New Year’s Eve can be one of the most powerful nights of our lives, largely due to the importance cast upon it year after year. For example, I have been told that the way we spend New Year’s Eve will ‘set the tone’ for the rest of the year! My Gosh, that’s a powerful evening.
Some people love New Year’s; others feel very pressured by its crowd or 'cattle' mentality. When I was young in the city I loved to live it up in formal clothes at a big party or nightspot. Now, with a family that includes younger children, we tend to enjoy smaller, cozier celebrations.
But however you spend it, New Year’s, like all holidays, can be a simple expression of fun or a lure into disappointments -- disappointments that can be easily avoided.
For a risk-free New Year's Eve, here are some tips:
- Let go of expectations of the night.
- Let go of expectations of others.
An example: "He didn't propose to me on Christmas Eve... Is he planning to propose on New Year's Eve?!"
OMG. You'll be looking for that ring all night long and you will not, in fact, be present to the fun and your own enjoyment. Don't waste your time building yourself up for something that may not happen; focus on what is happening. Stay present. That is how memories are created.
- Communicate your thoughts about the celebration beforehand.
Now would be a good time to share your style of celebration with him or her; don't wait till December 31st at 9:00pm.
For some, New Year's means black tie and silver gowns at an elegant gathering; for others it means jeans and a plaid flannel shirt in front of the fireplace. Both are romantic options.
Talk beforehand about what you might do -- try not to judge, and keep an open mind.
- Center yourself before the celebration.
For me, the holidays are best when centered, body and soul. For example, I enjoy a fragrant, salted bath early in the evening, and consciously 'wash away' the old year, while reflecting on its events – its successes; its joys and celebrations; its miracles; its work and dreams; its great love; its pain and losses; my own mistakes and things I could have done better.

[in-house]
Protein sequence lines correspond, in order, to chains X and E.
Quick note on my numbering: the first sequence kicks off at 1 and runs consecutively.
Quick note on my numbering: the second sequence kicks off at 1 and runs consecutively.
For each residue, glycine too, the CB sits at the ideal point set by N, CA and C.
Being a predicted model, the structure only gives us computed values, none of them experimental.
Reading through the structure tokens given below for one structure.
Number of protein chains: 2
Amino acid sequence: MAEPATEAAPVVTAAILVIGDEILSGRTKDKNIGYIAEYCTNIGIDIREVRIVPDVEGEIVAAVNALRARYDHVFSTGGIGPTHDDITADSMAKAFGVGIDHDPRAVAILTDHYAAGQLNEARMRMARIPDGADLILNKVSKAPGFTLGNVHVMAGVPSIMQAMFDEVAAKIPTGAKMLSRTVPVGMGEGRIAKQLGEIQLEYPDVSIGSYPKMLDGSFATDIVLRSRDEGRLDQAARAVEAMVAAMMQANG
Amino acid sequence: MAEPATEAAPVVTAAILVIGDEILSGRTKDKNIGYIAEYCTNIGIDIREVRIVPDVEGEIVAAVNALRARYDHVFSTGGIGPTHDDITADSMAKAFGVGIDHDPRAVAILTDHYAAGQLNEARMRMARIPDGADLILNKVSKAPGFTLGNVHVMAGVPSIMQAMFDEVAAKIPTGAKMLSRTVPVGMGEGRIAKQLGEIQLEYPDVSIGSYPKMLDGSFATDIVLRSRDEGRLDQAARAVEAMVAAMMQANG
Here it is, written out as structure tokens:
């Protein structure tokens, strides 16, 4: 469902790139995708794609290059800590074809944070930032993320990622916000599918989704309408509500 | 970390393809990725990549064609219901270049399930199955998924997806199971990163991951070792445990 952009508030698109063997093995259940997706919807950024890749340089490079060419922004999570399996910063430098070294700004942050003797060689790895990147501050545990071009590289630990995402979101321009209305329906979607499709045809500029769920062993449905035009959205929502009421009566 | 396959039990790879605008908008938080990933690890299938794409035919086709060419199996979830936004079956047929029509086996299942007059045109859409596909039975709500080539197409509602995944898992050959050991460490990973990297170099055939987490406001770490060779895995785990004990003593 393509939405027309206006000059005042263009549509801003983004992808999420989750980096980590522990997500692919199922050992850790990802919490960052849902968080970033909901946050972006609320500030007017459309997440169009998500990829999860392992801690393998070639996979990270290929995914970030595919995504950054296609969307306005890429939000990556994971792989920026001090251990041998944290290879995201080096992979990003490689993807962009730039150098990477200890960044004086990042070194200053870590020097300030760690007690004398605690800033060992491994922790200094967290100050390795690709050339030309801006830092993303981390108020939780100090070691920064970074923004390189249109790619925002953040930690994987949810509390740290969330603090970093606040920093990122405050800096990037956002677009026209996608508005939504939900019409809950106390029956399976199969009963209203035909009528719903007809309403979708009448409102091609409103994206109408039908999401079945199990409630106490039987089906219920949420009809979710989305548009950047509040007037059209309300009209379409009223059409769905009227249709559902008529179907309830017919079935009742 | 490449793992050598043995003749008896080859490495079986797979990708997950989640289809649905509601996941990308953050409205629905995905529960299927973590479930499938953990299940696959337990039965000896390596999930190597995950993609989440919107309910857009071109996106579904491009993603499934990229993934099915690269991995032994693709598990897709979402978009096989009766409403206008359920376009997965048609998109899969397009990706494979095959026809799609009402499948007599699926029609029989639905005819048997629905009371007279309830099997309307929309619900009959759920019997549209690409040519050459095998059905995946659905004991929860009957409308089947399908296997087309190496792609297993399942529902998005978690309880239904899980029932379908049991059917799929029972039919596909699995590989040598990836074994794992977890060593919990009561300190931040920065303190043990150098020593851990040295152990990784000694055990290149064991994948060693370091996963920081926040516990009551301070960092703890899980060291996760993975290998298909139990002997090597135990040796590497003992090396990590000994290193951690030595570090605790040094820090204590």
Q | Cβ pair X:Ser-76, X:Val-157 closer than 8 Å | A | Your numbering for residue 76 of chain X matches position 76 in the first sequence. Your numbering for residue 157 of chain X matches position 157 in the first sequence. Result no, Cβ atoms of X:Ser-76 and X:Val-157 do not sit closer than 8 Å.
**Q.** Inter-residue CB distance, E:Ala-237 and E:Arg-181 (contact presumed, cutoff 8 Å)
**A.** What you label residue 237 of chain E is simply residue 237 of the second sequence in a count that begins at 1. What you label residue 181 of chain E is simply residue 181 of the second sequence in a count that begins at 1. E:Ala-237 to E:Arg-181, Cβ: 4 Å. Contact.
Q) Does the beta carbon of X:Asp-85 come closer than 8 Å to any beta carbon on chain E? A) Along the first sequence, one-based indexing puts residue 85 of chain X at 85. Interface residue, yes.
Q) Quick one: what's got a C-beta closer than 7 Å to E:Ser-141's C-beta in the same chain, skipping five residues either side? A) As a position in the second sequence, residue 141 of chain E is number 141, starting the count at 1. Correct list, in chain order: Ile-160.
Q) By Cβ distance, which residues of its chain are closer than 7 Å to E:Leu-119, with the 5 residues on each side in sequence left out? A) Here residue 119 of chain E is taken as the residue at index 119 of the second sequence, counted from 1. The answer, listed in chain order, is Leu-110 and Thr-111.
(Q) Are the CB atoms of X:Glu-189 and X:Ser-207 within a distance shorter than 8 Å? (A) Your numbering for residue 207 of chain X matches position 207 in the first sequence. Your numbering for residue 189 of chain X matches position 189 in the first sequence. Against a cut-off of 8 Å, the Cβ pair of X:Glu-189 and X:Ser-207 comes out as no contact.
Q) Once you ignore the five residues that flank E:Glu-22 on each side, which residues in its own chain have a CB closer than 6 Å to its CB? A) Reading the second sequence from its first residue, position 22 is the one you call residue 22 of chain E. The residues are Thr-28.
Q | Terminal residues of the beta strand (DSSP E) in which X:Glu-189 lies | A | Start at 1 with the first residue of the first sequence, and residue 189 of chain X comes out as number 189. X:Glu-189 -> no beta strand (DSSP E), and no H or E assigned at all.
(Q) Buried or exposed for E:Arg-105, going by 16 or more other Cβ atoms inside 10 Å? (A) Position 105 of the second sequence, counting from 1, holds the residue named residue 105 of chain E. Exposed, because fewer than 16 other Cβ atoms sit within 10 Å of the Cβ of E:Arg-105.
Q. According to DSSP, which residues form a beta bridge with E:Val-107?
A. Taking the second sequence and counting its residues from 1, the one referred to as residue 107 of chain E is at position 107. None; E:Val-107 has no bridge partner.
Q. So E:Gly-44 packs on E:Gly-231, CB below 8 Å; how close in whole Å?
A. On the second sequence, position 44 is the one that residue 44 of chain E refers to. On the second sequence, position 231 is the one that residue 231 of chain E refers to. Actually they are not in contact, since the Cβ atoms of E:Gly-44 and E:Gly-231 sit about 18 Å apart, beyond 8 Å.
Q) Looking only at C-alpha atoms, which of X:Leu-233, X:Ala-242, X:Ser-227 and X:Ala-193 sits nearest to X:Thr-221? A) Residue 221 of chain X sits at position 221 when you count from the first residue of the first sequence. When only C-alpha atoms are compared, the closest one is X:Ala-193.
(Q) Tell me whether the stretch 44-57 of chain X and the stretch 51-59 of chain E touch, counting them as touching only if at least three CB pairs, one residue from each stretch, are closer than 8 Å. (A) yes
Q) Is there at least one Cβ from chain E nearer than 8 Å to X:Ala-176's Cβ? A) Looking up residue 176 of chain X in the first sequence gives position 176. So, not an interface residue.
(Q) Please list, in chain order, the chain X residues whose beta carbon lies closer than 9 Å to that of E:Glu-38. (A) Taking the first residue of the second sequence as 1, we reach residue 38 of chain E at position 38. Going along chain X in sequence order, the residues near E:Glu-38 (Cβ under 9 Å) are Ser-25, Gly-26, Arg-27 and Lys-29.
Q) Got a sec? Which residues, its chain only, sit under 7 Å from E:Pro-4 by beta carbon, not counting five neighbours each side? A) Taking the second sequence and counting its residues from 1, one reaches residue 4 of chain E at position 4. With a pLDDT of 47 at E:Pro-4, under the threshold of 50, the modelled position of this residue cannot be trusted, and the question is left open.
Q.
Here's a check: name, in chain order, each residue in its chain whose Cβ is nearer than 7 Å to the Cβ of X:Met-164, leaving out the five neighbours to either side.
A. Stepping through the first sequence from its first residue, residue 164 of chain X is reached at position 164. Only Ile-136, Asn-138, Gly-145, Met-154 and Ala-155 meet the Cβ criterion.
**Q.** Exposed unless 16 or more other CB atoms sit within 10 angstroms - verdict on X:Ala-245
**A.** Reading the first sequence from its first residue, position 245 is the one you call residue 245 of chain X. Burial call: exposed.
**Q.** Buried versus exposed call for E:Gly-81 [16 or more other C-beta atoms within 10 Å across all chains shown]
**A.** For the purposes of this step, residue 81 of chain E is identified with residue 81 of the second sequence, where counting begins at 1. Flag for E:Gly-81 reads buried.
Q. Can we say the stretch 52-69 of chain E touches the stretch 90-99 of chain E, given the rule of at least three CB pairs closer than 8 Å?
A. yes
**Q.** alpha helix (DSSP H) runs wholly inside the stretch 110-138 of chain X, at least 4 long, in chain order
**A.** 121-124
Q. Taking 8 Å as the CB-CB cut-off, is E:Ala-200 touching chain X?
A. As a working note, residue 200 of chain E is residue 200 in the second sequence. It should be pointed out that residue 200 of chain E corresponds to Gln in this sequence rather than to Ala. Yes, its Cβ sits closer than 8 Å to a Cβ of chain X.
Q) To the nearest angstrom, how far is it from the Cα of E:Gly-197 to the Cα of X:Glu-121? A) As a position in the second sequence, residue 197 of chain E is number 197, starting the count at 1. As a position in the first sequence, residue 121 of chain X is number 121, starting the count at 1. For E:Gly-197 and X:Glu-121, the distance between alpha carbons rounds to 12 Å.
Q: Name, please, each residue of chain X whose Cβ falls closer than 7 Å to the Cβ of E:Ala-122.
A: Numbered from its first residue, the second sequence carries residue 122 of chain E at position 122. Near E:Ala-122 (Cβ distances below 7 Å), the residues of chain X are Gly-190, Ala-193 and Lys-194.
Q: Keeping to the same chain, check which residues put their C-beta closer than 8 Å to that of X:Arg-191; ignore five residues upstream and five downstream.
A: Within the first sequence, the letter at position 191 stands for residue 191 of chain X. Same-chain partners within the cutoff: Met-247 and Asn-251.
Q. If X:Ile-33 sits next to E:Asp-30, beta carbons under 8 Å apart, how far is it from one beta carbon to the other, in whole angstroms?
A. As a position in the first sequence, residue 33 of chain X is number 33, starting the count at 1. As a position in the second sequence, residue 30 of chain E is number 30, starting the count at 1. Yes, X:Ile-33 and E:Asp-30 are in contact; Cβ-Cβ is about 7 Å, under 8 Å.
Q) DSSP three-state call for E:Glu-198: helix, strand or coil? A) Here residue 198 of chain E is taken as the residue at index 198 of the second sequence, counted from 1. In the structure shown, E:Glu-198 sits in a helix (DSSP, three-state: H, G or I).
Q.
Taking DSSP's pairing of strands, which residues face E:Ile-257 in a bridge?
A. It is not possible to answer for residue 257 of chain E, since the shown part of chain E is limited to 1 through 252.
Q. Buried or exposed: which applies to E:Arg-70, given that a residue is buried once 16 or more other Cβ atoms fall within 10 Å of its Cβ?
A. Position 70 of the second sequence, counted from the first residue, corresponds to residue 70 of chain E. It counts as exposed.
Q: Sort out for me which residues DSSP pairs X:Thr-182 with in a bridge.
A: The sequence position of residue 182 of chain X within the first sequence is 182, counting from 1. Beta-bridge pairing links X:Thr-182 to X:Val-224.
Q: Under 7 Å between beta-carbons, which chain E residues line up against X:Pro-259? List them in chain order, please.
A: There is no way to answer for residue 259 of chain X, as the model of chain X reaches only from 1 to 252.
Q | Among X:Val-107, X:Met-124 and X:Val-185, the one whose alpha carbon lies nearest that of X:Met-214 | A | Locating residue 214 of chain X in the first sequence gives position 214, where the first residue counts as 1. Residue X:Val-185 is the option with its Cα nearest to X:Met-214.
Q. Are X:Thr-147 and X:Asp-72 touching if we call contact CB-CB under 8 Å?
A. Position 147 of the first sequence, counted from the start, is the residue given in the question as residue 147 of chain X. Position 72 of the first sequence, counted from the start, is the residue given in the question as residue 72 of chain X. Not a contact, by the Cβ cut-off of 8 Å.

This time of reflection lets me review the year in a gentle, timely manner. Things don't 'come up' for me then, during the course of the evening.
- Consider all the things you are grateful for.
I take some time to think about my family and dear friends, and our changing identity as life progresses. In this uncertain world, there is still much to be thankful for.
And finally... if you have to...
- Make only one reasonable resolution.
Resolutions also fall into the expectations-leading-to-disappointment category. If you are someone who makes New Year's Resolutions, try to make only one this year, and one you can accomplish reasonably.
For example: I will complete my book proposal in the next 30 days.
Anything else, like quitting smoking, or losing 40 pounds by Easter, or getting that marriage proposal, will only cause stress and ultimately a feeling of failure if not accomplished or maintained. Don't set yourself up that way. Be good to yourself.
New Year’s Eve is risk-free when it’s a night of gratitude, and not expectation. You can’t help but enjoy it.